The radiation chemical yields of unaltered base release have been measured in three crystalline double-stranded DNA oligomers after X irradiation at 4 K. The yields of released bases are between 10 and 20% of the total free radical yields measured at 4 K. Using these numbers, we estimate that the yield of DNA strand breaks due to the direct effect is about 0.1 µmol J–1. The damage responsible for base release is independent of the base type (C, G, A or T) and is not scavenged by anthracycline drugs intercalated in the DNA. For these reasons, reactions initiated by the hydroxyl radical have been ruled out as the source of base release. Since the intercalated anthracycline scavenges electrons and holes completely but does not inhibit base release, the possibility for damage transfer from the bases to the sugars can also be ruled out. The results are consistent with a model in which primary radical cations formed directly on the sugar-phosphate backbone react by two competing pathways: deprotonation, which localizes the damage on the sugar, and hole tunneling, which transfers the damage to the base stack. Quantitative estimates indicate that these two processes are approximately equally efficient.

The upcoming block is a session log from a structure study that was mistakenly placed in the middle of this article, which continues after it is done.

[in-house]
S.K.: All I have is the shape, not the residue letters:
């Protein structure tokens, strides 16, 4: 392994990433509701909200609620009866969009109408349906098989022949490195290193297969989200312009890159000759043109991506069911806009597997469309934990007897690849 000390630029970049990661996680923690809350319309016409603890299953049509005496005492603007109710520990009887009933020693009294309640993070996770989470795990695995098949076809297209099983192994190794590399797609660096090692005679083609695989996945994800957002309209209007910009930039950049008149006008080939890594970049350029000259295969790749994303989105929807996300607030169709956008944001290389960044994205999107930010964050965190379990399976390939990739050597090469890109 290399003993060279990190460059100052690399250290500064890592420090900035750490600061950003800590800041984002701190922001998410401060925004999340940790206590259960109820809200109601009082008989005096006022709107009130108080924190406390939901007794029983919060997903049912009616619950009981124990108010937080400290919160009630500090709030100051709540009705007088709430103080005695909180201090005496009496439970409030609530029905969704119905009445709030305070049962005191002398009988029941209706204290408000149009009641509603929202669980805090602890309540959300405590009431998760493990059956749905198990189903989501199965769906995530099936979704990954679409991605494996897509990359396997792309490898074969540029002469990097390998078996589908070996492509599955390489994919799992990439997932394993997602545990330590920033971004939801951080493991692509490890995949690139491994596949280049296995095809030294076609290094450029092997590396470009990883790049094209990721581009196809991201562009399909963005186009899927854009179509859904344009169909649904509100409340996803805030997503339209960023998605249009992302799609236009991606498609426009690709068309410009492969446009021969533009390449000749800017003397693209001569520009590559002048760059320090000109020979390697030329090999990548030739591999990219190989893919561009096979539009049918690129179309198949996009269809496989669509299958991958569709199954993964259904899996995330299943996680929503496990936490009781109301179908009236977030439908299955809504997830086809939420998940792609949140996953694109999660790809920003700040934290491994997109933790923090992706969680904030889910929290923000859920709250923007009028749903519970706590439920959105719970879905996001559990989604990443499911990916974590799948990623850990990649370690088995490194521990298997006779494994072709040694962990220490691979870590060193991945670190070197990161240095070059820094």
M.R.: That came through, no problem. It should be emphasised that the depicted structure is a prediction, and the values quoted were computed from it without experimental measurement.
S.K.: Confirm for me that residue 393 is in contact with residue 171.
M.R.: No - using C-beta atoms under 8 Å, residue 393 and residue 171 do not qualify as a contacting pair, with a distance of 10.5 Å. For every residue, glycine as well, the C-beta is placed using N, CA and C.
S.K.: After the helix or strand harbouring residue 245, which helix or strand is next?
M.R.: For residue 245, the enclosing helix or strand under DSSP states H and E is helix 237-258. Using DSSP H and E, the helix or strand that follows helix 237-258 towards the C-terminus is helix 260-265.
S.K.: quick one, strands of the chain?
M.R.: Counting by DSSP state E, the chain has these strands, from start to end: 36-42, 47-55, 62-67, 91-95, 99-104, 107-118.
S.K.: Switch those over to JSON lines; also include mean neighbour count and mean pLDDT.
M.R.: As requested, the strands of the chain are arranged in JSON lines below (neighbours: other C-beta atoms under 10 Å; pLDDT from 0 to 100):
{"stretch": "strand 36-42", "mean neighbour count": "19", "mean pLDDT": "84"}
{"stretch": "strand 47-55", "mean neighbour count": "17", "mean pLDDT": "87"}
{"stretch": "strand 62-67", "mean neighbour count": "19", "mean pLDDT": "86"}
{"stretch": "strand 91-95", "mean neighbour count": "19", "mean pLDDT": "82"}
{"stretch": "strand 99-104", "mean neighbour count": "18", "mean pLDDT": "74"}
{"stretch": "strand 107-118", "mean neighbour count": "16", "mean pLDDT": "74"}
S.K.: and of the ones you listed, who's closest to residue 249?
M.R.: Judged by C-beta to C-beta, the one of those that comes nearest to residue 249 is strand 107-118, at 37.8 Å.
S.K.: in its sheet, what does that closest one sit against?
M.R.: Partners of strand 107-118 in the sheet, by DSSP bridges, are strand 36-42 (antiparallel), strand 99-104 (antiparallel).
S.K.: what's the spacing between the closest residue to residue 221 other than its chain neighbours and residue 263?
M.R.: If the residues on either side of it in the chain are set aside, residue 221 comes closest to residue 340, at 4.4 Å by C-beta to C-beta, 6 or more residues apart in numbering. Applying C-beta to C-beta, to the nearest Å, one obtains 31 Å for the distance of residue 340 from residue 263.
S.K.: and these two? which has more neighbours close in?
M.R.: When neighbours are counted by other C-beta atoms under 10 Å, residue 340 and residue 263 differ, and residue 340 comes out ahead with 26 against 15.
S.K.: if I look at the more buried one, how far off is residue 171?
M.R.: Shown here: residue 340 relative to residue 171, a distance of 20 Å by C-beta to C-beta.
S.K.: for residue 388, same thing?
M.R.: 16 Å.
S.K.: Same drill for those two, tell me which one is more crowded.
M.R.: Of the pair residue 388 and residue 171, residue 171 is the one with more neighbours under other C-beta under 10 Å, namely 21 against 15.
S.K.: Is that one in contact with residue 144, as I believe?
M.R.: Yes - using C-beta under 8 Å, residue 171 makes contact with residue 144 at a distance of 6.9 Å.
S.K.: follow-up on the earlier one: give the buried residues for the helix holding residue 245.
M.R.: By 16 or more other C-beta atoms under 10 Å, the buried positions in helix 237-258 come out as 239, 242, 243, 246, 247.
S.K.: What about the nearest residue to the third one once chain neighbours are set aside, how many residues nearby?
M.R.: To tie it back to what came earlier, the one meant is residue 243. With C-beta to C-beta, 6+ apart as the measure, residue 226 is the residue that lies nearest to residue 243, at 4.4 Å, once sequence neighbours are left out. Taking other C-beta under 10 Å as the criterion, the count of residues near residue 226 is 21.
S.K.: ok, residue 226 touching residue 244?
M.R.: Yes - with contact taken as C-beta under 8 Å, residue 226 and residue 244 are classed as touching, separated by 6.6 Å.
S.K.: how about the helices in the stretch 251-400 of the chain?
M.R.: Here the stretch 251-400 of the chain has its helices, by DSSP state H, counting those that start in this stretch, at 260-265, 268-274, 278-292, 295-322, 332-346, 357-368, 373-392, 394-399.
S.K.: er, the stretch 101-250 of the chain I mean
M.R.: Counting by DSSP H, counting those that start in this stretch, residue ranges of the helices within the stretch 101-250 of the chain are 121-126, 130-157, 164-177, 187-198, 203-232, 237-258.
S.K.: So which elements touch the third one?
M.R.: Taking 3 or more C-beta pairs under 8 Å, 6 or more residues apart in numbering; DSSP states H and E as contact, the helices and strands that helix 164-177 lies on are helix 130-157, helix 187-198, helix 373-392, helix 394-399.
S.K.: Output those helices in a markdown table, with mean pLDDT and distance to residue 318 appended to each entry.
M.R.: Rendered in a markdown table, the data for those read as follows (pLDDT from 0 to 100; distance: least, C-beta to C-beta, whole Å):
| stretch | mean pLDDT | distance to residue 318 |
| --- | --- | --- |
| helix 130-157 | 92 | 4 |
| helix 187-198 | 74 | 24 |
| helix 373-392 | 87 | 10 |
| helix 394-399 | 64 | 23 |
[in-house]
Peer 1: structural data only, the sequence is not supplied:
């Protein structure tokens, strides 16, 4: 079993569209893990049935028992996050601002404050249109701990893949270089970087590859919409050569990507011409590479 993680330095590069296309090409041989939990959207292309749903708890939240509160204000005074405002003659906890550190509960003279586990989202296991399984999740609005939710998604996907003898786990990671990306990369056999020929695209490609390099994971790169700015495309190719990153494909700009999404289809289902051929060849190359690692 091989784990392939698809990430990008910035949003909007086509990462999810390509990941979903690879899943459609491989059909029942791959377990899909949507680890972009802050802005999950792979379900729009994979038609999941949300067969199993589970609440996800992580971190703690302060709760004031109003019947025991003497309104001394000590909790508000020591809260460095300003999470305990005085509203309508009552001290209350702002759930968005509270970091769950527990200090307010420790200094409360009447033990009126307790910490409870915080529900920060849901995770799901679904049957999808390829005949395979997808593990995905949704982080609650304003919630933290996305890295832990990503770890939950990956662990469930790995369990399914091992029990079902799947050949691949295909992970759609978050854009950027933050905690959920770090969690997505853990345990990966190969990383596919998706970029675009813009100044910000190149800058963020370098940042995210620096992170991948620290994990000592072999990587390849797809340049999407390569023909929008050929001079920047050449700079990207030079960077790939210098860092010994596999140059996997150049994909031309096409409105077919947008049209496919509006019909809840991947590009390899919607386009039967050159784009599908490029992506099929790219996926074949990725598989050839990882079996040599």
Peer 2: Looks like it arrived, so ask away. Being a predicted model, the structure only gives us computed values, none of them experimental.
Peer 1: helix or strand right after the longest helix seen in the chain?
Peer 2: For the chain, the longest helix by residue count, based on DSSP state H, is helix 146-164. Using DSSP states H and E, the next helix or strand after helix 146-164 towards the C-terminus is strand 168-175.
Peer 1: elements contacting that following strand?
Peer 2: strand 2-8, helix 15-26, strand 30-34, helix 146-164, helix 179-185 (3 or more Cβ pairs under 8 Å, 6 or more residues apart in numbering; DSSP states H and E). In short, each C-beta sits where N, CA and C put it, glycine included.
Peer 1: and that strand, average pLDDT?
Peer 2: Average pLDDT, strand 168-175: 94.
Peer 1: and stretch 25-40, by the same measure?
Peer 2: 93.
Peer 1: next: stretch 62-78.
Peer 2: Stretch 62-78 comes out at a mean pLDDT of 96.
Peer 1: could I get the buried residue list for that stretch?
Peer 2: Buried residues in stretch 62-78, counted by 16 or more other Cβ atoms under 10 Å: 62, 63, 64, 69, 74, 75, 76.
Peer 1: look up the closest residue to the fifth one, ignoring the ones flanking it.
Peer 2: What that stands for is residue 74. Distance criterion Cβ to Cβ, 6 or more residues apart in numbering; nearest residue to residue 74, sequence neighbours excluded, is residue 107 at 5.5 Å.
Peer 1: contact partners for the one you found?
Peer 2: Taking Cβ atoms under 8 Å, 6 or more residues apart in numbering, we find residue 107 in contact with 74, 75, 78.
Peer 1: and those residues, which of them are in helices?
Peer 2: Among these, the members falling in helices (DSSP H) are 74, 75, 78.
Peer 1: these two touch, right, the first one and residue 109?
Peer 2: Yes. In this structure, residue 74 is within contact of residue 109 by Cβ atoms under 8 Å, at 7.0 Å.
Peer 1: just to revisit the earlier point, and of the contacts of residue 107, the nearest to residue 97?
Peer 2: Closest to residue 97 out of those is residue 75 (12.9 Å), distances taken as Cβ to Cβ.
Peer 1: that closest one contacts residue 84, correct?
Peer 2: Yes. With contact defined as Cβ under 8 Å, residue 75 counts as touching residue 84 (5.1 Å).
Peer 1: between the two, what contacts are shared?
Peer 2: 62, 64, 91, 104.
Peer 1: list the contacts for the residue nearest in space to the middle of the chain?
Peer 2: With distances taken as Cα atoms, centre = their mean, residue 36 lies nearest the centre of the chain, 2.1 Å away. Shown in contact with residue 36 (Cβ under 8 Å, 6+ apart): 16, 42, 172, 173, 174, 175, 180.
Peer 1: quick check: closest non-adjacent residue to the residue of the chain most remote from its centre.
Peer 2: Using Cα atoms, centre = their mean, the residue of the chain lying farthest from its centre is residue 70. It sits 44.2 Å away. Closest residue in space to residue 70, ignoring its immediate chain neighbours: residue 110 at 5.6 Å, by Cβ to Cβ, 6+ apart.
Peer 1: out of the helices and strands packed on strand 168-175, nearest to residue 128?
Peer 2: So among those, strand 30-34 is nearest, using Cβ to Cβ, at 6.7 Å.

|Number of pages||6|
|Publication status||Published - 2000|
Razskazovskiy, Y., Debije, M. G., & Bernhard, W. A. (2000). Direct radiation damage to crystalline DNA : what is the source of unaltered base release? Radiation Research, 153(4), 436-441. https://doi.org/10.1667/0033-7587(2000)153[0436:DRDTCD]2.0.CO;2